Back in the 1980s (I’m showing my age here), I worked in management for a software company. Part of the reason why I gave that up to become independent is that I hated dealing with all of the people issues. For a geek like me, computers are far easier to understand than my fellow human beings.

Although it seems obvious now, I didn’t realize at the time that becoming a consultant would require just as much skill with people — maybe even more. As a manager, I could always fall back on the review/raise stick/carrot to get people to do what I wanted. As a consultant, you’re at best on the wrong end of that stick. That’s why one of the most important keys to success as a consultant — more important than your specific technical skills or any feature of your contract — is your ability to build relationships with clients. TechRepublic member josh.t.richards said it well in a recent discussion:

“A lot of us IT consultants get so wrapped up in doing superb work that we overlook the fact that clients aren’t _just_ buying our expertise or even results. They also care (consciously or not) about things like feeling secure, experiencing empathy, and knowing we’ve got their best interests at heart. Delivering good results is a part of this but, even relying on that, is relying on one One Big Thing(tm). Projects are going to fail, you’re going to make mistakes, and things are going to happen that you’ll be blamed for that you may even rightfully consider not your fault. So be it. Don’t make it all about the results every time.”

So how do you go about creating that warm, fuzzy feeling in the cockles of your clients’ hearts?

Obviously, the relationship begins with “We have a job that needs doing — can you do it?” So, despite the fact that performance isn’t everything, it is where you have to start. But even if you’re not qualified to take on a particular project, you can still begin to build a relationship by honestly admitting your deficiency while showing interest in the project’s ultimate success. Ask the client what you would be wondering if you were in their shoes. Turn what you don’t know into empathy for what they might not know. Your thoughtfulness may be remembered when they have other projects available in the future.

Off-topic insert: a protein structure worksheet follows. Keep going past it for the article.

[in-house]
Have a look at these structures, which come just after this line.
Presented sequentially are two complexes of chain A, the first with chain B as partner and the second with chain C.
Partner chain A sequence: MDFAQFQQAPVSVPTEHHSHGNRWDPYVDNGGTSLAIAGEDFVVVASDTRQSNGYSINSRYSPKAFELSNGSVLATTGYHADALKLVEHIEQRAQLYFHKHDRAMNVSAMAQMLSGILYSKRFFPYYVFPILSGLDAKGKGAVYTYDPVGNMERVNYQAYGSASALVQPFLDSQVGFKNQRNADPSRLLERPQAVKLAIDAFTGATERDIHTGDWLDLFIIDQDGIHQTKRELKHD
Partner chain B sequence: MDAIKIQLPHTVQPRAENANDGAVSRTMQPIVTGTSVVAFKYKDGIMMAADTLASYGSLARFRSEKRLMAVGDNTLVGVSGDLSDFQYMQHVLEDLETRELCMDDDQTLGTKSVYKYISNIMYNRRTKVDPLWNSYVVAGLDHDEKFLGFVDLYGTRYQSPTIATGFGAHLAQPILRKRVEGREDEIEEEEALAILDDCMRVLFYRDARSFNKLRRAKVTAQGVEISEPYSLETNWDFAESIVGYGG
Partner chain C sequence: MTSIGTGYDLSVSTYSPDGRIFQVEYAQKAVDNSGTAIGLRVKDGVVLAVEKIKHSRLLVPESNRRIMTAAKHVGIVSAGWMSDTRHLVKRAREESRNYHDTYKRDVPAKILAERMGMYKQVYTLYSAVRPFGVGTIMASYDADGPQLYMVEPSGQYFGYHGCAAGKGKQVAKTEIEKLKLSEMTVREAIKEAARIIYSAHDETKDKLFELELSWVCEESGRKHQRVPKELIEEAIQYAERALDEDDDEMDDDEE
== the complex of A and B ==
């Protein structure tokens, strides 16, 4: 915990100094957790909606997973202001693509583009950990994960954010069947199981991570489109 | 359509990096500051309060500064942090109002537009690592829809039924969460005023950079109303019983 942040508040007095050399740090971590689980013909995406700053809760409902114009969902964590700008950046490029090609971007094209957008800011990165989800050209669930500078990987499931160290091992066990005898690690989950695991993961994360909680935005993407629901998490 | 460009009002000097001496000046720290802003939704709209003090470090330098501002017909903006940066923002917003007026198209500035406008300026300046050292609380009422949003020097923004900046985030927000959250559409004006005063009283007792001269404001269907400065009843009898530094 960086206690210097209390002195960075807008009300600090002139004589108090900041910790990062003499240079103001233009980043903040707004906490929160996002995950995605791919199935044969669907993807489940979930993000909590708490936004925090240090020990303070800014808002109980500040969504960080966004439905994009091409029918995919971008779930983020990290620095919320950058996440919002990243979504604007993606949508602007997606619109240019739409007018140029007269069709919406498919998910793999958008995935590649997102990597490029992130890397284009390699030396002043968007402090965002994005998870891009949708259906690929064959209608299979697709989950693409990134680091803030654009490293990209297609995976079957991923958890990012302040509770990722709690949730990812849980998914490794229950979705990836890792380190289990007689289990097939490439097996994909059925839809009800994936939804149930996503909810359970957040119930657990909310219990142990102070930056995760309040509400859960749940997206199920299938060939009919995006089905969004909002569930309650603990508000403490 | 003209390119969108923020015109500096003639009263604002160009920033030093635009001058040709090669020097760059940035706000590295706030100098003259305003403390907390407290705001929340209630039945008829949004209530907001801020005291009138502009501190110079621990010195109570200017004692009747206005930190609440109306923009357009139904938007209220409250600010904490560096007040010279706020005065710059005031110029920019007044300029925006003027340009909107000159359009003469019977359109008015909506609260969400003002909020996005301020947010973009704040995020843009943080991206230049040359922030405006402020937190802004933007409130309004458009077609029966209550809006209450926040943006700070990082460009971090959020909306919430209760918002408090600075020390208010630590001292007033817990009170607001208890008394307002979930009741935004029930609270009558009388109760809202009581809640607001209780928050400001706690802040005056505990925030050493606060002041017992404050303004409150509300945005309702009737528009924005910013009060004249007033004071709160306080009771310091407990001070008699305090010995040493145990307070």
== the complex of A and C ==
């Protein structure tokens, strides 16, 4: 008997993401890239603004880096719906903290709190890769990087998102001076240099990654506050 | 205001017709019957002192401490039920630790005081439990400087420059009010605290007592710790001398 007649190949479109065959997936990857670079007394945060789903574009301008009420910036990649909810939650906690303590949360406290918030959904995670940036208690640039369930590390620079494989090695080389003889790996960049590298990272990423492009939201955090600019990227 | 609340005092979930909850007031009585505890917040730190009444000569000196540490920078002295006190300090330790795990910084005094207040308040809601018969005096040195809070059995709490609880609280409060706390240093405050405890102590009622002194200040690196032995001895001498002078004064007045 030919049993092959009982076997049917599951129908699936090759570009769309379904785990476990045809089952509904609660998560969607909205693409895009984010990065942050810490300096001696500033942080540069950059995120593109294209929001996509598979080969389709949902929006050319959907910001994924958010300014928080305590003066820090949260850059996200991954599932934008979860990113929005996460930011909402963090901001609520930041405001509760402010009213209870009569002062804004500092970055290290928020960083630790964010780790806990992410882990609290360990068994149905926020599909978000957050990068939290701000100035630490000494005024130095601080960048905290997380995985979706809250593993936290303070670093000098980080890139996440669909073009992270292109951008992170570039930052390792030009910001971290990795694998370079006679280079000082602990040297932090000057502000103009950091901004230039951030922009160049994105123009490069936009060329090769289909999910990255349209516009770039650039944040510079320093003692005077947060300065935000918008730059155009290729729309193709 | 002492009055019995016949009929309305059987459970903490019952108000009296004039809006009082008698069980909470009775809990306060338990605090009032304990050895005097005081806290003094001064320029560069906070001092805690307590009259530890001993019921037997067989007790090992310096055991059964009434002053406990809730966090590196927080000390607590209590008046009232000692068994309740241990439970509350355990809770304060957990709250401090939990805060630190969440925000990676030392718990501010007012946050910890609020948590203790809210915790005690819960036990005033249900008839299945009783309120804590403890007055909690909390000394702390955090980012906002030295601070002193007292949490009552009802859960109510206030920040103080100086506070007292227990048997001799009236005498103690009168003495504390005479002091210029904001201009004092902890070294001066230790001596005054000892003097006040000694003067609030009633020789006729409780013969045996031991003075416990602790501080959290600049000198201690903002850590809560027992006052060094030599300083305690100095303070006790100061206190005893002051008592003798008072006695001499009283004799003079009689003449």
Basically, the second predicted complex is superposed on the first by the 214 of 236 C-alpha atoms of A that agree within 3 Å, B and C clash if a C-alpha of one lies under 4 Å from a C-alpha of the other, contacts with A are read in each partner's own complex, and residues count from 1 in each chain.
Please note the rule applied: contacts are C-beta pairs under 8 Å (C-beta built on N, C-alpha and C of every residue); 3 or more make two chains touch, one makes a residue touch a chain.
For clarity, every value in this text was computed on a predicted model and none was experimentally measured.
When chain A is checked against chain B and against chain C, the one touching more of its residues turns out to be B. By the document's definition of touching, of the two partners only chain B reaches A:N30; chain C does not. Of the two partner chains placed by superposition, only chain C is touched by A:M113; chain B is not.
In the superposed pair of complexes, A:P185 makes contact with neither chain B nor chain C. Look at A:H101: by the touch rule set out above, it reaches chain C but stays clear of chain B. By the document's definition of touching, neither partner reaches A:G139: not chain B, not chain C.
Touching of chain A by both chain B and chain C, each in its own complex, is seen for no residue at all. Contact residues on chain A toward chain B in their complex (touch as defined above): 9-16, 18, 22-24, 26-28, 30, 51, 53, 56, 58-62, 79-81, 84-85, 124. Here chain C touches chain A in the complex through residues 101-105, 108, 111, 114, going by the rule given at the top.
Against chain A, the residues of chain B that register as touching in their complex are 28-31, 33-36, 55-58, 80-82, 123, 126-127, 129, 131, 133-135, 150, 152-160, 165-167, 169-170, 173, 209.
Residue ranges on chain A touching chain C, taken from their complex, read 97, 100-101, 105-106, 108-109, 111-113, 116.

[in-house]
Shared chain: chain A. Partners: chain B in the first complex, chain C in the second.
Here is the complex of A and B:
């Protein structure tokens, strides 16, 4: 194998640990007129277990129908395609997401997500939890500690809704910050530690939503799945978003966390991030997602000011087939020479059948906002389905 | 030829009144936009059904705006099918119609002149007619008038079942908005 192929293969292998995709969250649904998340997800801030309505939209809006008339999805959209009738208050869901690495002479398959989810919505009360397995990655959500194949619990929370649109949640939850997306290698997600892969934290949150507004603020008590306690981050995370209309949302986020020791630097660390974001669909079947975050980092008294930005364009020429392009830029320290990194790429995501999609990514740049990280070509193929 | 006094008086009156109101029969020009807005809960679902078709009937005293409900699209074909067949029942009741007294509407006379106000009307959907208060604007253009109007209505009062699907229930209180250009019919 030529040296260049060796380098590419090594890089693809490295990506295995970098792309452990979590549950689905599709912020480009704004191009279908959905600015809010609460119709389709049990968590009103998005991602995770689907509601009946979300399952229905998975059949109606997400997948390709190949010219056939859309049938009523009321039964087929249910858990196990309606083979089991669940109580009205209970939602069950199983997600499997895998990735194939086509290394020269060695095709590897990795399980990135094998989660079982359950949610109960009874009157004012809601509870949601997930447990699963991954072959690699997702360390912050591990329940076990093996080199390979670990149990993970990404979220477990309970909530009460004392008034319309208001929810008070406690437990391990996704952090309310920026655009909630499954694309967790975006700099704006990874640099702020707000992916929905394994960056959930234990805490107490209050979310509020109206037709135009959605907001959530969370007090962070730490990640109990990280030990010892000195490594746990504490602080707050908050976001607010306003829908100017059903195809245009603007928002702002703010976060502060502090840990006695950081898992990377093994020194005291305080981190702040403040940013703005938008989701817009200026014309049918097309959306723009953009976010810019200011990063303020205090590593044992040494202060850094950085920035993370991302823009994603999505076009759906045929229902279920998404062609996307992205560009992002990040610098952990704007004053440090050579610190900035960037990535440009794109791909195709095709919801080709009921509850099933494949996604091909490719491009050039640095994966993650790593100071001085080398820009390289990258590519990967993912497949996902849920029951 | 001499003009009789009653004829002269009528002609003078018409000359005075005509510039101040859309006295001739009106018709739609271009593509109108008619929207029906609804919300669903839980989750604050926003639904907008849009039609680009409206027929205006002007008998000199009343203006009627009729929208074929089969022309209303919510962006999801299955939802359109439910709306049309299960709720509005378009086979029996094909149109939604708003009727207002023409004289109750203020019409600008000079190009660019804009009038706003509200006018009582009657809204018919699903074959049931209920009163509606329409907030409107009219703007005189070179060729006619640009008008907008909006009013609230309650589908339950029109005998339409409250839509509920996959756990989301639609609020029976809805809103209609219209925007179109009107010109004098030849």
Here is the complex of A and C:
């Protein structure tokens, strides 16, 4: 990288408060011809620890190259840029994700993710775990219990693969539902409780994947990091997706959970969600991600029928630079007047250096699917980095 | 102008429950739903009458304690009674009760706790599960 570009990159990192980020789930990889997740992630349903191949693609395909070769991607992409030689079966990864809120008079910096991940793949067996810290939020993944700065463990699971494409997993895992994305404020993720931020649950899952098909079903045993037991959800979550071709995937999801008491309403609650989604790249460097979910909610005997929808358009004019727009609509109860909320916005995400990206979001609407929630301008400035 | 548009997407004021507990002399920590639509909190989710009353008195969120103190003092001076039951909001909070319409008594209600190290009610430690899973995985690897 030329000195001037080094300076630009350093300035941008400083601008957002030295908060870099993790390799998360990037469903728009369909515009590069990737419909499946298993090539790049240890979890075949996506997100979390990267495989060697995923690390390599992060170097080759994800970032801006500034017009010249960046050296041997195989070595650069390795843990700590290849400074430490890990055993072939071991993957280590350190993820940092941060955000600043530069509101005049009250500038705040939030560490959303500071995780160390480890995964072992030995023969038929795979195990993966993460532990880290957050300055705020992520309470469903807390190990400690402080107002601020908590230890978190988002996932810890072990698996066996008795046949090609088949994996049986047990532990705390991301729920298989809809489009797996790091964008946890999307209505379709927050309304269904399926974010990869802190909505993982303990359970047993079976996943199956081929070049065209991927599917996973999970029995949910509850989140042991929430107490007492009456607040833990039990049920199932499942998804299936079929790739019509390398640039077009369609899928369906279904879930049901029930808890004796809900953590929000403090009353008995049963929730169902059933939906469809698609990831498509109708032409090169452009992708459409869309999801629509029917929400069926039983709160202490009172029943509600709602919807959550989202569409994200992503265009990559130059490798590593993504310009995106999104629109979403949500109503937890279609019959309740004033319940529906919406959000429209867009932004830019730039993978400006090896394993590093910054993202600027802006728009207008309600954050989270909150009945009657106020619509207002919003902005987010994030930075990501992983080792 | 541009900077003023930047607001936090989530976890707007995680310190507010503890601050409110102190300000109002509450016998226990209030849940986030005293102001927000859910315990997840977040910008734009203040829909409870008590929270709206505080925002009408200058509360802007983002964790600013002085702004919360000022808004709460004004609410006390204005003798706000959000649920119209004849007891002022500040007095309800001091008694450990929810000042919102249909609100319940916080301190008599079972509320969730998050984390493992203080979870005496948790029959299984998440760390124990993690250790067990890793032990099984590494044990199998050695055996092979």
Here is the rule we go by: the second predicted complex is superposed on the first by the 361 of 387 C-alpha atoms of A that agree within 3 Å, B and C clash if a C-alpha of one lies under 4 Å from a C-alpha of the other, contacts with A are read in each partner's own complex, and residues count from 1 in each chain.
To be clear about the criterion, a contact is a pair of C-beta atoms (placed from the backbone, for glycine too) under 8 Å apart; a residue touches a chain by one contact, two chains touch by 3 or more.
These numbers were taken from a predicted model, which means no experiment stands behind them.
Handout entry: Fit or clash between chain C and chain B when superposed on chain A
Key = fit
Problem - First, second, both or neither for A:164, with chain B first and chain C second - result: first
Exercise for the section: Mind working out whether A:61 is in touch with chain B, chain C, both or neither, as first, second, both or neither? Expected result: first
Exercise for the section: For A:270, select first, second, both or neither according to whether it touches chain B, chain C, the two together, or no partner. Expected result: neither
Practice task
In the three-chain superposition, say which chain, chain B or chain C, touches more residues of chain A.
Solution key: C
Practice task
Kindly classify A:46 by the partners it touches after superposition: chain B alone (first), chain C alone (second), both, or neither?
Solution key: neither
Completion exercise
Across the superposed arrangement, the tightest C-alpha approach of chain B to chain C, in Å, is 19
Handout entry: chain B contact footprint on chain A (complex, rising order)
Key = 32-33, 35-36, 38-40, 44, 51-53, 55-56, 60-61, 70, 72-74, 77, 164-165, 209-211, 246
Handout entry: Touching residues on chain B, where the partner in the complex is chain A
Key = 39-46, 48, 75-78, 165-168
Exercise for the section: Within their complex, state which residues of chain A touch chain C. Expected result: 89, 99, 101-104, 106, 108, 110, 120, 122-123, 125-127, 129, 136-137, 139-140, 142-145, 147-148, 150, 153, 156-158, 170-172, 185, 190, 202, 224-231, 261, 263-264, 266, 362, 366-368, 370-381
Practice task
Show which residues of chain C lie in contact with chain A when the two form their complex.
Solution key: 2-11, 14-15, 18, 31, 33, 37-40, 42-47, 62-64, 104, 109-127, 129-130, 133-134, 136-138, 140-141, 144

If you do land the gig, the best way to become appreciated is to demonstrate that you intend to contribute to your client’s happiness — both corporately and individually. Here are ways to build good relationships with your clients:

  • Tailor solutions to the client’s business and culture, not to your idea of the One True Way That Is Clearly Superior. Sometimes “best practices” are not the best thing for your client. Sometimes the latest and greatest new technology involves too much evolution for its supposed benefits. Yes, you should try to push your client towards what’s best for them, but be sure you know that it is for the benefit of their success rather than your ego and resume.
  • Keep an eye out for creative ways to help your client. We all know that being effective requires focus, but don’t get so focused on your assigned details that you lose the big picture. Keep asking yourself, “What’s next for this company?” as well as “What’s next for this person?” and then think of ways to help them grow towards those goals. Watch for possible threats as well. Ask them about their markets and their competition. Find out what keeps them awake at night. Ask lots of questions and share your knowledge.
  • Be reliable and honest. Do what you say you will, and admit when you’re wrong. When things start falling apart (perhaps because you’re overcommitted), let your client know sooner rather than later. The foundation of any relationship is trust.
  • Be personable. Ask about their family and remember details from one conversation to the next. Find out about common interests you share and weave those into your interactions. Your interest should be genuine — there’s no greater turn-off than the loud faux friendliness of the stereotypical salesperson. But if you truly become a friend, they’ll have a hard time finding it in their hearts to say goodbye. Who would you rather keep around: the person who is fun to work with, or the expert who’s a condescending jerk?
  • Have a sense of humor. Don’t take yourself or your situation too seriously. Use humor to reveal things — but also sense when something is too important to your client to joke about it.

For additional tips, check out Kevin Eikenberry’s post “10 ways to improve your client relationships.”

Besides what I’ve listed in this post, how do you create meaningful relationships with clients?

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